Gary Steel asks one of the most pressing questions of the modern era: why does the best music sound like crap on good hi-fi systems?
MY WITCHDOCTOR COLLEAGUE Ashley Kramer kindly invited me over yesterday to check out some rather special new hi-fi kit he’s auditioning, and which has been keeping him up nights. He just can’t stop listening.
Ash is playing around with a handsome valve amp from Japanese company Shindo, whose gear is handmade using componentry its creator chooses for one reason alone: it makes the gear sound better. Apparently, Ken Shindo produces his amps at his own pace, and turns down bulk orders. Obviously, the guy is doing it for the right reasons, even if this methodology does ramp up the price of the product.
The speakers – oddly truncated not-quite-floor-standers called Living Voice – were also worth a small fortune. We’re talking something in the region of 15K. Attached to the gear were interconnects that were worth considerably more than the music source component, Ashley’s trusty Marantz SACD player.
As usual in such situations, I brought along a small stack of my own CDs – music that I know well and which have defining sonic characteristics that I can use to compare with the sound on my own system – and Ash augmented my selection with some of his discs.
Now, given this blog’s heading, you might be wondering if I’m going to contend that Ashley’s music selections sounded great but were shit, and that my selections were great but sounded like shit. You may be disappointed, dear reader, to learn that I’m not about to put that particular cat in with the pigeons.
But what was evident from the get-go was that almost all of Mr Kramer’s sounds were “realistic” – voice and mostly acoustic guitars often caught in a live, or live-in-studio setting. Whether genuinely live or not, they were clearly designed to replicate what an audience would expect of a typical performance. That is, you’ve got a singer, you’ve got players, and you’ve got a conventional performance setting with the voice right in the middle and just enough stereo imaging to provide depth and width. Although Ash himself was alarmed at the way the amp and speaker combo showed up flaws in the recordings – especially when voices had been over-driven through microphones – I thought all his records sounded quite astonishing: there was a very attractive intimacy coming through, together with a sense of perfect timing and timbre that is impossible to describe. With most good-quality stereos, you’re not aware of the absence of timbre, or of timing being even slightly off, but when you hear a system like this where all the rhythmic factors are working in spectacular accord, you realise what you’ve been missing. And perhaps that’s the thing. With this quality of hi-fi reproduction, maybe there’s an intrinsic ability of the gear to create a conscious realisation in the listener about things he or she may have previously not noticed.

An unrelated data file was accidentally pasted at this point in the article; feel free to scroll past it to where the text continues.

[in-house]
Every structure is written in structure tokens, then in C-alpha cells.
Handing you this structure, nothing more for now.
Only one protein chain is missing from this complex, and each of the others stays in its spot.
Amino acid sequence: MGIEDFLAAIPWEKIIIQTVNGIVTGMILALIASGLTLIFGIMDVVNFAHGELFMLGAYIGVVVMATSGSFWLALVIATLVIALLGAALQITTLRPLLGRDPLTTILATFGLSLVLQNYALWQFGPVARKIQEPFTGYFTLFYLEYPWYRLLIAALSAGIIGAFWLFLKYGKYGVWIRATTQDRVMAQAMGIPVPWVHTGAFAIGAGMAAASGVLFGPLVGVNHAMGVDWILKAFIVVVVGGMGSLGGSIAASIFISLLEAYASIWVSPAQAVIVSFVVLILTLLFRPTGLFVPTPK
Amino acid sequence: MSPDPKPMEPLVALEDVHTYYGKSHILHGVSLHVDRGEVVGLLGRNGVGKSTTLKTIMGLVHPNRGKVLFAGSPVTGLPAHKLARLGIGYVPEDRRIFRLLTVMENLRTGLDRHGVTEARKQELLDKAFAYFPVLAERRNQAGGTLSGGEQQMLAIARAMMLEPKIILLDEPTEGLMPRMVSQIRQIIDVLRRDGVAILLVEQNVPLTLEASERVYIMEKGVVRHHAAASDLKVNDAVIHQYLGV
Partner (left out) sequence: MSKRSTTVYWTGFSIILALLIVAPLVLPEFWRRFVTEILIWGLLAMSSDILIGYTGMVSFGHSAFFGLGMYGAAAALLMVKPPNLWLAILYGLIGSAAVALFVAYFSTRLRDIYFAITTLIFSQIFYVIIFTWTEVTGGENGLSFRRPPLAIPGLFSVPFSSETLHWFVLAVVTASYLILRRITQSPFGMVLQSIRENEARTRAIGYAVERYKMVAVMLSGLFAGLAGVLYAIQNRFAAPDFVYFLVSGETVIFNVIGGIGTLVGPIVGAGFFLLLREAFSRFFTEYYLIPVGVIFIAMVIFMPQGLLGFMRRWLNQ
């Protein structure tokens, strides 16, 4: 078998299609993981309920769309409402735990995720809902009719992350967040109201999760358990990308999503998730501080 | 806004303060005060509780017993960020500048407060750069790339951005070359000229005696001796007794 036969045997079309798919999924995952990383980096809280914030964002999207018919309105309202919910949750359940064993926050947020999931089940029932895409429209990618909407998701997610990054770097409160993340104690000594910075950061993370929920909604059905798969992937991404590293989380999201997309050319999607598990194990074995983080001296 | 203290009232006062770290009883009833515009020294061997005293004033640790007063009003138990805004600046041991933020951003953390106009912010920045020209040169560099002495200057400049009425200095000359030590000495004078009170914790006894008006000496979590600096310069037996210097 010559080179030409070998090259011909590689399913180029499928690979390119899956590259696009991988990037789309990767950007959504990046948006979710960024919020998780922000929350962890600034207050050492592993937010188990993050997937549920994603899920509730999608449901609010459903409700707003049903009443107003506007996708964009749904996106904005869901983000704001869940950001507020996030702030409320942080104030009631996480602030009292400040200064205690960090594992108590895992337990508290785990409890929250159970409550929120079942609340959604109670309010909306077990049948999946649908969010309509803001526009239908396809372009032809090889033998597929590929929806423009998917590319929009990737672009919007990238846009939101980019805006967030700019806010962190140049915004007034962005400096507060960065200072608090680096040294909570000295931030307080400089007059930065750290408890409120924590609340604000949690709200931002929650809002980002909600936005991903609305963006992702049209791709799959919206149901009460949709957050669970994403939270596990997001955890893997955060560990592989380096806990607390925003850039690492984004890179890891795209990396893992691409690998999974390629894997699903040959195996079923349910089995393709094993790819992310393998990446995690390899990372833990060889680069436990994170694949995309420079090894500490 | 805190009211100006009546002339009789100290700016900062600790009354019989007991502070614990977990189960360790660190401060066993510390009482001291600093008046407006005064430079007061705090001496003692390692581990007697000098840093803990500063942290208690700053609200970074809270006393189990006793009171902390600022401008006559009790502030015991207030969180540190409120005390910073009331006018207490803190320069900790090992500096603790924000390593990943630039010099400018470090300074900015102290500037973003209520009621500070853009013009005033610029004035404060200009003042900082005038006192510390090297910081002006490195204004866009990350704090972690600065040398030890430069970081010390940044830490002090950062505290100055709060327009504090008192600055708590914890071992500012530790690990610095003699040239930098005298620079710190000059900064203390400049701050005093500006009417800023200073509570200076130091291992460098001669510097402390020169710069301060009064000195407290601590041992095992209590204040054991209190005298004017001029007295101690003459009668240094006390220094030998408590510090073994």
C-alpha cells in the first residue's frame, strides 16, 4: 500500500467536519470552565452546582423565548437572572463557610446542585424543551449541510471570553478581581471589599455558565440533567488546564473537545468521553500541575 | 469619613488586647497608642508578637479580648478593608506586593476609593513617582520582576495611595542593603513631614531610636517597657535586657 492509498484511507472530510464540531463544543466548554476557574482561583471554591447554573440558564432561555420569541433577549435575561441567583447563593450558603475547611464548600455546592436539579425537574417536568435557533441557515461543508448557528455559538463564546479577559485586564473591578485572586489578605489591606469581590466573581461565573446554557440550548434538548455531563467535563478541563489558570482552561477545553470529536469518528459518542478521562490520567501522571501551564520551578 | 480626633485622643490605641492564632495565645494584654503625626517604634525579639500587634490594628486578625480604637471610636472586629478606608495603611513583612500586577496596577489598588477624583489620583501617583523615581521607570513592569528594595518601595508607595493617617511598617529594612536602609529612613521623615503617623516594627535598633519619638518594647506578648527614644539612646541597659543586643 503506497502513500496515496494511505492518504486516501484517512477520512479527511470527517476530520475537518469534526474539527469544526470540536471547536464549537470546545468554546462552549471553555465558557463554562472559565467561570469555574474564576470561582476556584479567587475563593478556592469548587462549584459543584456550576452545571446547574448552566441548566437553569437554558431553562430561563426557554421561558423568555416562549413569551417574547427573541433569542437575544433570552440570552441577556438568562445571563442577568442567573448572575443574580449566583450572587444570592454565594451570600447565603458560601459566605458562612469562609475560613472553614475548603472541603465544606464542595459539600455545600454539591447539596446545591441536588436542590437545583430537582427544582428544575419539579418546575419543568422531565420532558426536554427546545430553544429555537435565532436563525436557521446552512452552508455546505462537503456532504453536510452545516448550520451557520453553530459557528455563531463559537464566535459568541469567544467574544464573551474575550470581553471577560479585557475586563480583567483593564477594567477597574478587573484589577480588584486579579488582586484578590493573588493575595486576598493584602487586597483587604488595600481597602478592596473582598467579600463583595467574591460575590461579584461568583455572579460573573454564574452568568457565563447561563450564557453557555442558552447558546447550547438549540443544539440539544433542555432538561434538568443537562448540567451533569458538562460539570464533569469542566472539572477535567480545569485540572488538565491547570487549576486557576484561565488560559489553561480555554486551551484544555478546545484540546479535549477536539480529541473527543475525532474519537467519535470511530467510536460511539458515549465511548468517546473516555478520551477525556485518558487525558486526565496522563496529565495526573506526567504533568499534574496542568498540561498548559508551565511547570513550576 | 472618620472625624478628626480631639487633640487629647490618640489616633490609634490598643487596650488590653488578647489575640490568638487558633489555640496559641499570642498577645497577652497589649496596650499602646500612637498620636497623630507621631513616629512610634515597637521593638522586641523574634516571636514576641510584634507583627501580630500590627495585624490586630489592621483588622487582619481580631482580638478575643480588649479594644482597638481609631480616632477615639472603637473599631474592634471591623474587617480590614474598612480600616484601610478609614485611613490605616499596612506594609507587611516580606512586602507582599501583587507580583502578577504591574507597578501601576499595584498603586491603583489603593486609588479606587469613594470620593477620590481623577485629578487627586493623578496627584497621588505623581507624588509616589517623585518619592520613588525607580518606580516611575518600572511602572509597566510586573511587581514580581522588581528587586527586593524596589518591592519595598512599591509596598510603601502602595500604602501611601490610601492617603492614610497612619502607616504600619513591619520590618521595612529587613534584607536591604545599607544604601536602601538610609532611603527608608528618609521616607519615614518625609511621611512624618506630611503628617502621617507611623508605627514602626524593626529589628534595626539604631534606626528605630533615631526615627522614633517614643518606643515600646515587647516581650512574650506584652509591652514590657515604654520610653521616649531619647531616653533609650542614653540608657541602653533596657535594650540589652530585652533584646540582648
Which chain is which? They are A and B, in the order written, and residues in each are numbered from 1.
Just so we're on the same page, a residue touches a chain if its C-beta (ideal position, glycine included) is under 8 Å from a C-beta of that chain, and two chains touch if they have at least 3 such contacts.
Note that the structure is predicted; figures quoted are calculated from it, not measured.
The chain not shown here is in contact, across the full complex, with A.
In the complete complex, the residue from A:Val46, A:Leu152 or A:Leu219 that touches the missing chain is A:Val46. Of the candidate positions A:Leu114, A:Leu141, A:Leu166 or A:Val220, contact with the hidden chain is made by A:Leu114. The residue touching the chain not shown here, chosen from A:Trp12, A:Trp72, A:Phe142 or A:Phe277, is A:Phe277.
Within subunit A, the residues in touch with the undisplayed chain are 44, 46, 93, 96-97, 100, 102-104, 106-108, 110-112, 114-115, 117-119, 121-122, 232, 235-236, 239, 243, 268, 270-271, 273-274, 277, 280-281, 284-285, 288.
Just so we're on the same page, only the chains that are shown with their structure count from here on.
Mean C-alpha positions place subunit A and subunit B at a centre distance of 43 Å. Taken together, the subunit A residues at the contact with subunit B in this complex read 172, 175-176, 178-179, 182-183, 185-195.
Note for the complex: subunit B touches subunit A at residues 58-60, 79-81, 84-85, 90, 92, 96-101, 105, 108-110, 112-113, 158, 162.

The problem with most of my favourite music is that it’s invariably recorded in somewhat complex studio environments/situations. That is, they’re mostly studio creations, where many overdubs may have been applied, and therefore, they’re not “natural”. Still, to me they’re great sounding… but not on this system.
Whatever I threw at it sounded “small” and lacking in dynamics, as opposed to the luminosity of Ashley’s selections. Frank Zappa’s ‘50/50’ (from the rather nicely engineered Overnight Sensation, 1973) had all the oil boiled out of it, and Jean-Luc Ponty’s incredible electric violin solo, and then Zappa’s own incredible fretboard extravaganza, sounded dry and ordinary. On my Martin Logans the same song sounds incredible: deep bass, huge sounds, spectacular. The same thing happened with Talk Talk (‘Happiness Is Easy’ from the Colour Of Spring remaster, 1986/1997) and others.
There were positives. These speakers weren’t terribly generous with their bass, which probably reinforced their ability to resolve fine detail in the mid-range and upwards. I noticed melodic and orchestral voicings that I hadn’t noticed on my own system, but then, maybe it was simply because of that more upfront mid-range. And the aforementioned timing was really something to experience – I was intrigued by the way the amp/speaker combo dealt with rhythmic detail.
But generally, I found it all rather disquieting. Why is it that high-end hi-fi seems not to suit so many of my favourite albums, including the ones I have always considered to be exquisite recordings?
We all know the trope about the hi-fi salesman playing the same old Dire Straits or Norah Jones album, and it’s something that worries me about hi-fi freaks: invariably, their music tastes are a tad conservative, and the unquenchable desire to listen only to music that sounds good on that expensive gear is a further disincentive to make something of an adventure out of music.